NEW YORK — Stocks drifted in light trading to close mixed Thursday after trade figures for March failed to stir either the bears or the bulls.
The Dow Jones average of 30 industrial stocks closed down 4.19 at 2,325.49.
But other indicators rose fractionally. The Big Board's composite index was up 0.06 to 165.76. The American Stock Exchange's market-value index climbed 0.35 to close at 336.93; NASDAQ's composite index closed at 422.65, up 0.74. Standard & Poor's index of 400 industrials rose 0.38 to 342.46, and S&P's 500-stock composite index was up 0.26 to 294.24.
The Wilshire index of 5,000 equities closed at 2,923.476 up 1.166.
Advancing issues and decliners were virtually even with 772 stocks up, 758 down and 442 unchanged on the New York Stock Exchange.
Big Board volume totaled 152.04 million shares, against 170.97 million in the previous session.
"It was a pretty dull day," summed up Robert Colby, an analyst with Smith Barney, Harris Upham.
The Commerce Department's announcement of the March trade figures had been nervously awaited but ended up having little effect on the market because the numbers were in line with expectations, analysts said. The government said the trade deficit narrowed to $13.6 billion in March from $15.1 billion in February.
"The markets are indecisive," said Hugh Johnson, a senior vice president at First Albany Corp. "People are still on the edge of their chairs and waiting for the next move, with a lot of focus and concentration on the dollar."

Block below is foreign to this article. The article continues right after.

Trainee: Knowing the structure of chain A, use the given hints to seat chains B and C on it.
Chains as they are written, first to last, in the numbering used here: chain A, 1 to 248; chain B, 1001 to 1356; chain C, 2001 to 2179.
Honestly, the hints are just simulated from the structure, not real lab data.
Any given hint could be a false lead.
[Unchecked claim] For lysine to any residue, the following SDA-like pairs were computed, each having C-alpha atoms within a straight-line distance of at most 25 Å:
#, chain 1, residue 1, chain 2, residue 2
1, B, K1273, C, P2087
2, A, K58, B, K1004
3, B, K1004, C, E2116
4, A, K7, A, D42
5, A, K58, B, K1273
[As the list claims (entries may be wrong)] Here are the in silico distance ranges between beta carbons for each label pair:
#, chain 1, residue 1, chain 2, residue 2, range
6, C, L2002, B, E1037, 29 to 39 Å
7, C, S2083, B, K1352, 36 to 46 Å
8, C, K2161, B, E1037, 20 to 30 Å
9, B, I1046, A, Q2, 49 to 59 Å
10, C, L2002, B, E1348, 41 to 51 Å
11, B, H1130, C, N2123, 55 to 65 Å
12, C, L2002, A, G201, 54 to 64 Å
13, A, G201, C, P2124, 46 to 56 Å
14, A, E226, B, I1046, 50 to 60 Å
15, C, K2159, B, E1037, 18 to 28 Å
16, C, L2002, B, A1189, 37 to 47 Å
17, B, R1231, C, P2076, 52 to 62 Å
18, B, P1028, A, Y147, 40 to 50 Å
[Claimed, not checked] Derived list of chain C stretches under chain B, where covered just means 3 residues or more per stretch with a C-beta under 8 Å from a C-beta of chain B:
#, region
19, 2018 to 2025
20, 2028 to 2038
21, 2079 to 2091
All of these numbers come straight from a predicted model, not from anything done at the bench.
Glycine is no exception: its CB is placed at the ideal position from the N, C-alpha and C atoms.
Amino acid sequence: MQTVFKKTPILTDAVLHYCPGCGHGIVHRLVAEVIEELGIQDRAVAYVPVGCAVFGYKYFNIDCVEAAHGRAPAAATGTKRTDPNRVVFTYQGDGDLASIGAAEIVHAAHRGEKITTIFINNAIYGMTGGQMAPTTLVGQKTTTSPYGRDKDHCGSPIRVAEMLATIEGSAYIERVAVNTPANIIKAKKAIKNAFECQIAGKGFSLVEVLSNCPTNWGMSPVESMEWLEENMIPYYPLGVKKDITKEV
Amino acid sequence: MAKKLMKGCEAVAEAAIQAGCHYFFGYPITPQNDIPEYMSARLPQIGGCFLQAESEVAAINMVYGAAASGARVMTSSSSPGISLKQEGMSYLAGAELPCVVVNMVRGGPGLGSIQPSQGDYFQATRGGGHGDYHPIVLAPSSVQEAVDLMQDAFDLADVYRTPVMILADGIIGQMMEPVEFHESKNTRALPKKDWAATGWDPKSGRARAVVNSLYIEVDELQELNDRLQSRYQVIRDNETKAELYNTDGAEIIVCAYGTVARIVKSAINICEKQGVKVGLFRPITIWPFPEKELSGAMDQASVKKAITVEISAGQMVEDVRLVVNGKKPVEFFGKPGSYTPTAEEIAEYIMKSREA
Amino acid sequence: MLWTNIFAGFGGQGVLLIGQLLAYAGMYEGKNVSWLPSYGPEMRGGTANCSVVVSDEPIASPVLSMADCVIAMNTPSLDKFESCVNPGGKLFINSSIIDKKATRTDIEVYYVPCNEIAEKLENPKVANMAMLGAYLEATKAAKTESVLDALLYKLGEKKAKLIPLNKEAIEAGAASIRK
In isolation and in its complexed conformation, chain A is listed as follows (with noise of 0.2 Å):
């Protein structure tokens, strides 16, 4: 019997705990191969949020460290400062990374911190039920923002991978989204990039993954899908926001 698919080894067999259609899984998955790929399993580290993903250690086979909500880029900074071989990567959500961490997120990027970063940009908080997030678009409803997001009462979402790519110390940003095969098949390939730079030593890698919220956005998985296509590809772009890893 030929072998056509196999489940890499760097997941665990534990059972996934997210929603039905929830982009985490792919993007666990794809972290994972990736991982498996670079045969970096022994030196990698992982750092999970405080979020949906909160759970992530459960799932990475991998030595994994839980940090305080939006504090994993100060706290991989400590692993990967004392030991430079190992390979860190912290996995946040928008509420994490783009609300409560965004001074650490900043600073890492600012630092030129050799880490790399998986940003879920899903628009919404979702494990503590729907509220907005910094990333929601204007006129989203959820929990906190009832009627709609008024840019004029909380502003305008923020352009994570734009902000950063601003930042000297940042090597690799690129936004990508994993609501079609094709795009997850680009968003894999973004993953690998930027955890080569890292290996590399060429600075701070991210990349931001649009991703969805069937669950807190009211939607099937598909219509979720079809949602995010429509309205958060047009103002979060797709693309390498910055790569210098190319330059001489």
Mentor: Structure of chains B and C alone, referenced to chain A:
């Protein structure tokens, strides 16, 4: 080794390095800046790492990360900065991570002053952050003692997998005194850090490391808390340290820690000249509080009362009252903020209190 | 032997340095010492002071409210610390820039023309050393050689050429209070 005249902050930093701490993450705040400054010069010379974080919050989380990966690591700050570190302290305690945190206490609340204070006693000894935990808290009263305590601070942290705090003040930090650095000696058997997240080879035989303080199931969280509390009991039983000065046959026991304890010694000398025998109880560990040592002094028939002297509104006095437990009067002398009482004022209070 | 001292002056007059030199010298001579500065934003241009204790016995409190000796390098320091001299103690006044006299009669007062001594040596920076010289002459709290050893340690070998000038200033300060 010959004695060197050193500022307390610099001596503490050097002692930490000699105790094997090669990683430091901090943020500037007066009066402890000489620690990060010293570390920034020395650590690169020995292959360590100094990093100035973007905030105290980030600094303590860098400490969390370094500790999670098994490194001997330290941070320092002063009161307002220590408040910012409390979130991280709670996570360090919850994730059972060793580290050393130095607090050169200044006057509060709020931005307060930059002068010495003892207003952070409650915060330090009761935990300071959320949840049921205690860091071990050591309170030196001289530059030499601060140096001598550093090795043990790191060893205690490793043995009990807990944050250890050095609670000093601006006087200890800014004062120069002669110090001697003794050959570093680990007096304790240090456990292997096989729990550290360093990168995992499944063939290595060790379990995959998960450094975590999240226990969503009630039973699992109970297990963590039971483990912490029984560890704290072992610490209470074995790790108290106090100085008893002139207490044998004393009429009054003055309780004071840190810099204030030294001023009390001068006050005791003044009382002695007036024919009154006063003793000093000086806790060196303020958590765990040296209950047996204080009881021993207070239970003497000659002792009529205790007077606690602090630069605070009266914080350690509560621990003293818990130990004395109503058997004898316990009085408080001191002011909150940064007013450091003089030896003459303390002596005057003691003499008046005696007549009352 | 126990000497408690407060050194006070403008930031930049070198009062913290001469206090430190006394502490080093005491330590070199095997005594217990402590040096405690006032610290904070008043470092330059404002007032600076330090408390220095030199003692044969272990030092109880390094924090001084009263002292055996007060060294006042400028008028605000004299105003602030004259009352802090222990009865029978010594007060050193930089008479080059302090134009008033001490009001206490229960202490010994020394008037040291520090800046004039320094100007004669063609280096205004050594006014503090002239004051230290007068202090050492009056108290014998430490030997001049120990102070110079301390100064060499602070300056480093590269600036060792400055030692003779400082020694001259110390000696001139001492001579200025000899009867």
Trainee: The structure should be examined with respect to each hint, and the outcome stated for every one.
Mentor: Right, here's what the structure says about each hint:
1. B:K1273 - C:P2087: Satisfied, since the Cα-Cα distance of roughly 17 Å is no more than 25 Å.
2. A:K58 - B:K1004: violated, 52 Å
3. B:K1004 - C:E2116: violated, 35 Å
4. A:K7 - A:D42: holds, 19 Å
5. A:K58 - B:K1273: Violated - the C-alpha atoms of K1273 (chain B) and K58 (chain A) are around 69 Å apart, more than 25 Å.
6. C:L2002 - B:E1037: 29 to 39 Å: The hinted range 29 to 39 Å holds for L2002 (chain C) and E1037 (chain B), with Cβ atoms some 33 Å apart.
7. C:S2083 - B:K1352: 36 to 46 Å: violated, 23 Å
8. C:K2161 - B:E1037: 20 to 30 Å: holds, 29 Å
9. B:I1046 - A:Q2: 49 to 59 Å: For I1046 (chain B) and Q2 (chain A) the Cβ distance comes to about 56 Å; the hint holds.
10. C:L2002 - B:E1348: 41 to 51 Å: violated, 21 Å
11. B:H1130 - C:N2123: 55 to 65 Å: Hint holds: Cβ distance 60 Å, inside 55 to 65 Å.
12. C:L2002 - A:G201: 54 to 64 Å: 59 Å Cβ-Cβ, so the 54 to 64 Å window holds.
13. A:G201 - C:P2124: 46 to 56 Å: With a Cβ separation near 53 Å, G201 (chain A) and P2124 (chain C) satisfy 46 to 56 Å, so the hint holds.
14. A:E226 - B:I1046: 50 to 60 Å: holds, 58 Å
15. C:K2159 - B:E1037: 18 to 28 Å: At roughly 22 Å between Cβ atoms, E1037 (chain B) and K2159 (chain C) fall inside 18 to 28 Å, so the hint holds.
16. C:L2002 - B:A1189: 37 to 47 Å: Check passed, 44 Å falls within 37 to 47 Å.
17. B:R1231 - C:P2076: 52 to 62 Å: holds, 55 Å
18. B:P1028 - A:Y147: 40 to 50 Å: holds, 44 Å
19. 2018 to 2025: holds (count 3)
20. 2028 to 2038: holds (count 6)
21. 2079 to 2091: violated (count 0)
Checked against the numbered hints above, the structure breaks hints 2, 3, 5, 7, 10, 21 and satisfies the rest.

Some excitement grew out of speculation that General Mills and Allegis were possible targets of takeover attempts. Stocks of those companies and of RJR Nabisco--rumored to be a possible suitor for General Mills--rose sharply, and all three were on the NYSE's most active list.
Allegis rose 1 7/8 to 71 1/2, General Mills picked up 3 1/8 to close at 54 1/8 and RJR Nabisco rose 2 to 51 1/8.
While the market generally was stagnant, Smith Barney's Colby found an underlying firmness because it did not drop Thursday in the face of rising commodity prices.
On Monday, stocks gave up their large gains after commodity prices soared, but on Thursday, while many commodity prices were higher, "the market seems to have taken that pretty well in stride," he said.
In the bond market, meanwhile, prices slipped as concerns about inflation and the falling dollar continued to depress the credit markets. Analysts said the narrowing of the trade deficit was insufficient to dispel the gloom.
The Treasury's 30-year issue fell point, or about $2.50 per $1,000 face amount, while its yield rose to 8.73% from 8.71% Wednesday.
The federal funds rate, the interest on overnight loans between banks, traded at 6.75%, up from 6.675% Wednesday.
Corporate bond prices were little changed, while tax-exempt bond prices slipped.
In the secondary market for Treasury bonds, prices of short-term governments fell 2/32 point, intermediate maturities declined by between 3/32 point and 10/32 point and 20-year maturities fell 10/32 point.